Delhiites gasping for breath both in and out of home
With the Delhi government preparing for its second Car-Free Day on Sunday, November 22, many experts have called for a lot more action in order to reduce Delhi’s toxic and highly polluted air.
“The haze we see around even in the afternoon should not be misunderstood as fog. It is smog, caused by high number of particulate matters suspended in the air which can prove to be fatal,” said Polash Mukherjee of CSE.
Vivek Chattopadhay of CSE while speaking to Millennium Post stated that during Diwali time, even though the focus was on pollution caused due to burning of paddy remnants and the bursting of firecrackers, it is very important to curb the growing menace caused by vehicular emission, especially those running on diesel.
Diesel vehicles emit more carcinogenic and toxic materials, PM 2.5 particulate matters and almost five times more Nitrogen Dioxide as compared to vehicles running on petrol.
All these factors severely affect the human lungs. Chattopadhay also claims that even though there has been a brief reduction in the sales of diesel vehicles, the numbers are still high.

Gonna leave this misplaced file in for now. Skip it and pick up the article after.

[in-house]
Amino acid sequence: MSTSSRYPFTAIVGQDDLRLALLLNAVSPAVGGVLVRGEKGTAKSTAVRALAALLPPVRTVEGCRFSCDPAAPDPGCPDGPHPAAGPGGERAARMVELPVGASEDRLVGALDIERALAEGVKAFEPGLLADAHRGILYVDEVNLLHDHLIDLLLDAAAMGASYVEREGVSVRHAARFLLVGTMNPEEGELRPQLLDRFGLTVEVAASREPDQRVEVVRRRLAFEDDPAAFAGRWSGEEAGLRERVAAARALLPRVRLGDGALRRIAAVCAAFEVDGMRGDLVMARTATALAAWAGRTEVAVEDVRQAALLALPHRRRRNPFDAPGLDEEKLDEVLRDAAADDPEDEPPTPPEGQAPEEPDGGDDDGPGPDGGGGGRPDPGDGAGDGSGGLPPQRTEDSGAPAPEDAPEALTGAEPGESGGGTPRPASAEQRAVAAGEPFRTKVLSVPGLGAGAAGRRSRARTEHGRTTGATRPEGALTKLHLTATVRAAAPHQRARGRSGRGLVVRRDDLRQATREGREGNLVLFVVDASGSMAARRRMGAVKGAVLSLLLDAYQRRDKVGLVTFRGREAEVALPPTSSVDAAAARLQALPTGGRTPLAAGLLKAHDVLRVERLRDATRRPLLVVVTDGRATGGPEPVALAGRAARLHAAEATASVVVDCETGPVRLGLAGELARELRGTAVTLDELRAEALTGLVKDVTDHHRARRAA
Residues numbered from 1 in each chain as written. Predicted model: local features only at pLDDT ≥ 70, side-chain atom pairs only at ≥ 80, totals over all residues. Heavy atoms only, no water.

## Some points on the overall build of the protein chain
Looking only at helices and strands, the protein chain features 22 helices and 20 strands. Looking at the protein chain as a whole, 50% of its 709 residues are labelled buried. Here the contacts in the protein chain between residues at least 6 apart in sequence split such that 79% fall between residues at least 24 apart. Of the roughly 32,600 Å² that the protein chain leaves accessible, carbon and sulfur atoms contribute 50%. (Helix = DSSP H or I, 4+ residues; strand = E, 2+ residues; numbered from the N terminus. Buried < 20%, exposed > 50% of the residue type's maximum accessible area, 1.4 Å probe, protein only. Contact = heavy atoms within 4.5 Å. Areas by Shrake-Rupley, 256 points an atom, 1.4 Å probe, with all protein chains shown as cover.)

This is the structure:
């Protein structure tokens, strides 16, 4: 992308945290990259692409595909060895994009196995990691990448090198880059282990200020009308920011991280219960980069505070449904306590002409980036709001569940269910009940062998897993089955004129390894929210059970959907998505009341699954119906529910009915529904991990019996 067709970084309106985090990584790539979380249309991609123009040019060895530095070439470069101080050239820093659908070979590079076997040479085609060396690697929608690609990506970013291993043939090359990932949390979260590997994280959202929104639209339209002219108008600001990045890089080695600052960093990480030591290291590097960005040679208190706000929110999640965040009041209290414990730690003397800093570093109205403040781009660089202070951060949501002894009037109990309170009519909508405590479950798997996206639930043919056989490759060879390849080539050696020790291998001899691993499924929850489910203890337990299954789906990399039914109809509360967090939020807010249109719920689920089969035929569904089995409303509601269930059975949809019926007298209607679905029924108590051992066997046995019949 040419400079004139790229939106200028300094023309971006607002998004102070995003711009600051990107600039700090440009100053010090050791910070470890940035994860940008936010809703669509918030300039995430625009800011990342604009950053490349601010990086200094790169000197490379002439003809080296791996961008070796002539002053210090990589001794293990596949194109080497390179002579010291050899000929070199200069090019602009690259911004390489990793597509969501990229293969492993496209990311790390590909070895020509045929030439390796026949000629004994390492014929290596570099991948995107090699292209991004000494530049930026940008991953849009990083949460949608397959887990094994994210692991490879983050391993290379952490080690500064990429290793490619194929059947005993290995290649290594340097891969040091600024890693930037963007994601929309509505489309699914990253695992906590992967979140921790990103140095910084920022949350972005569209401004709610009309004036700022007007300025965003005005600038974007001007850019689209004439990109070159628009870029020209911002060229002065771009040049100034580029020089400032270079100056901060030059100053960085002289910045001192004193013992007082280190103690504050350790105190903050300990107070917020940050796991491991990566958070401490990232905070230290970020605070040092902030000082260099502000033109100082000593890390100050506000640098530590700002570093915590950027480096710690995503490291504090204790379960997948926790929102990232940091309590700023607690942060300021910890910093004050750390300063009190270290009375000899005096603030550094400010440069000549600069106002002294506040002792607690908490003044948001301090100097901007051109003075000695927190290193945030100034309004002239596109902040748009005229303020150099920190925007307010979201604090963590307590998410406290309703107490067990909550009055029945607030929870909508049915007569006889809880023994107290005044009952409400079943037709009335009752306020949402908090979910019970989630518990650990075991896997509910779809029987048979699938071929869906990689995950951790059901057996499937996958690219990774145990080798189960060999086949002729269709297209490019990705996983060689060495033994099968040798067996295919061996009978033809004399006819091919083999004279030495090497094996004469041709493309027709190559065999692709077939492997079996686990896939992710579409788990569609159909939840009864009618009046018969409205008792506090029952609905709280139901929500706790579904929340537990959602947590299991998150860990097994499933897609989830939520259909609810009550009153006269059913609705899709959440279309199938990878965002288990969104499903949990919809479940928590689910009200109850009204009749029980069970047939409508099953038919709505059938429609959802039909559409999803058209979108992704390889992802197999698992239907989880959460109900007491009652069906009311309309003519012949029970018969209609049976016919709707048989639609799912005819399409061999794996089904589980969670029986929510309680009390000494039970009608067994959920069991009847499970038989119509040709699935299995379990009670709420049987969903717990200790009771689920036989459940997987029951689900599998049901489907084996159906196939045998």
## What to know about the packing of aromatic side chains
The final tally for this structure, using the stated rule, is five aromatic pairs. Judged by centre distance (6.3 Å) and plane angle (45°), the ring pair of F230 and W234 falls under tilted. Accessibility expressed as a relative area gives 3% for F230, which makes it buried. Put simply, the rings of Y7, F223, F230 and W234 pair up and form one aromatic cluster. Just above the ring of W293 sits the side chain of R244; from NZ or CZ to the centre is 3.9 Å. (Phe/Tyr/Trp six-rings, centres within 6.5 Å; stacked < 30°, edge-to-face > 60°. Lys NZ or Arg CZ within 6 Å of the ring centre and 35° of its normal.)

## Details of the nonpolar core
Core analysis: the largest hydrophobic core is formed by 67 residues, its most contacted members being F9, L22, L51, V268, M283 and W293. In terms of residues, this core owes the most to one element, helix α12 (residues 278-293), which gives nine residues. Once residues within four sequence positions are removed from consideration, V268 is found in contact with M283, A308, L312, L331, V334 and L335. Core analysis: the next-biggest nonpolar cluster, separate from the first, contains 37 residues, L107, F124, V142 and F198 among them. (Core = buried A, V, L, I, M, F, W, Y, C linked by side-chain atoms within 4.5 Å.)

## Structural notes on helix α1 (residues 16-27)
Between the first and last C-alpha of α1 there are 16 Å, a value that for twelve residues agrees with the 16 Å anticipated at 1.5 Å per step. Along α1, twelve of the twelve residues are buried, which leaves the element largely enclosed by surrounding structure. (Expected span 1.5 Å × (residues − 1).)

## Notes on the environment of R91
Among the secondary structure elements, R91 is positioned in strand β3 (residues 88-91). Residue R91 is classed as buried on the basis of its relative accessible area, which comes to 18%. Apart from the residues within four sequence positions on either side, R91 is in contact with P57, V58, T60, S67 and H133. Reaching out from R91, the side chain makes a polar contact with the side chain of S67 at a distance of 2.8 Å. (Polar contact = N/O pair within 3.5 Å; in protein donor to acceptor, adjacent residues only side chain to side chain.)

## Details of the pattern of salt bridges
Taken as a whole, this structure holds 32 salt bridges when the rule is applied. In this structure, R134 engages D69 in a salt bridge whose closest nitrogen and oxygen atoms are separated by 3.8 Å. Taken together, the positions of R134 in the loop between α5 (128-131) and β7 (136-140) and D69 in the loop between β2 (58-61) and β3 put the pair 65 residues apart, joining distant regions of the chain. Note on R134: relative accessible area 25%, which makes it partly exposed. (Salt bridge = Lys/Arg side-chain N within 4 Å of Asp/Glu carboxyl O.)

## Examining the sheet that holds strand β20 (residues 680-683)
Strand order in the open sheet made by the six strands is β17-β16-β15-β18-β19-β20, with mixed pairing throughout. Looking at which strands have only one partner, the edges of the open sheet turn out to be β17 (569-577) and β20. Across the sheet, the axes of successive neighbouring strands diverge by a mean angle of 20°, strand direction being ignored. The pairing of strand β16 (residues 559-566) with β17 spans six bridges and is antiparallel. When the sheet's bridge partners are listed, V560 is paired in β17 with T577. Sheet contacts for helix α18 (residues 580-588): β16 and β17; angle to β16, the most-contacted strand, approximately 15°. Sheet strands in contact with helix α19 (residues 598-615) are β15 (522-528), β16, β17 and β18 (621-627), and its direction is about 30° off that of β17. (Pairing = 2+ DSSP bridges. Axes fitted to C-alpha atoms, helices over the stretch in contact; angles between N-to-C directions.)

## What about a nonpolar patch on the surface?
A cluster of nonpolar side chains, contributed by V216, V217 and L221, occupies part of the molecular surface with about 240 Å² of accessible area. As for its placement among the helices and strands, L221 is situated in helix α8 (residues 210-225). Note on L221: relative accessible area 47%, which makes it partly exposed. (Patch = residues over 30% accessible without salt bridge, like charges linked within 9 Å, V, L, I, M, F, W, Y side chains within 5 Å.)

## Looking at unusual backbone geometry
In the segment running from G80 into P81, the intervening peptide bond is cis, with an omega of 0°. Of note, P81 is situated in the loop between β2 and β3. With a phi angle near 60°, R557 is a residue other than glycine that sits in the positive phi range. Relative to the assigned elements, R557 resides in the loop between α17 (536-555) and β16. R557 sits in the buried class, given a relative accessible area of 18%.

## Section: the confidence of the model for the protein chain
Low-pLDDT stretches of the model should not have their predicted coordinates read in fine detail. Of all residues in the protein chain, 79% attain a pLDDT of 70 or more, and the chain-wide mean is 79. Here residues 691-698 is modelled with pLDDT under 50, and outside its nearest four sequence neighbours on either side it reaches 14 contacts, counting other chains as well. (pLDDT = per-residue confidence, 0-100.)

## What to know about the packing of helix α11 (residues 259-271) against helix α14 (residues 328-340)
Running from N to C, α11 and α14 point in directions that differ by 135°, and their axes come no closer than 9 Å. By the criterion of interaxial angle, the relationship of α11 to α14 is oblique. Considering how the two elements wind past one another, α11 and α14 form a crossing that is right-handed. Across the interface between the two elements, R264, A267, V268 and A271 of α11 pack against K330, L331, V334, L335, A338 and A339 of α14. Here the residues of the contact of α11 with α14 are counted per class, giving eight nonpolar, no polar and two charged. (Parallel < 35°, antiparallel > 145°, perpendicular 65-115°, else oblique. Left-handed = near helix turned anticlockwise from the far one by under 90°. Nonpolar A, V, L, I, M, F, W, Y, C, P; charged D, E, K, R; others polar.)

Even as citizens of Delhi grapple with outdoor pollution, the air inside their own homes may also prove to have an adverse effect on their health.
Chattopadhay claims that with Delhi having the highest network of roads, nearly 55% of its population live in the proximity to these roads. Dr Vivek Nagia, director, department of pulmonology at a private hospital in Vasant Kunj explains: “Dampness, dust particles present on fans, carpets, bed items, pets, smoke from mosquito coils, incense sticks, faulty electrical devices as well as chimneys are some of the major causes of indoor pollution.”
Dr Nangia says that cleaning the house at least once a week with masks on, avoiding pets with feather and furs and keeping the humidity low can be used to contain indoor pollution.
The indoor and outdoor pollution has already started taking a toll on Delhiites with the rise of various respiratory diseases.
“If the person gets chronic cough, feels breathlessness during exercising, climbing stairs, feels redness in eyes, gets constant headaches, it must not be taken lightly,” says Dr Suri, chest physician at the Safdarjung Hospital.
“There has been a systemic failure in our approach in dealing with pollution. The government should now work towards making citizens aware of the pollution around them,” said Vivek Chattopadhay.
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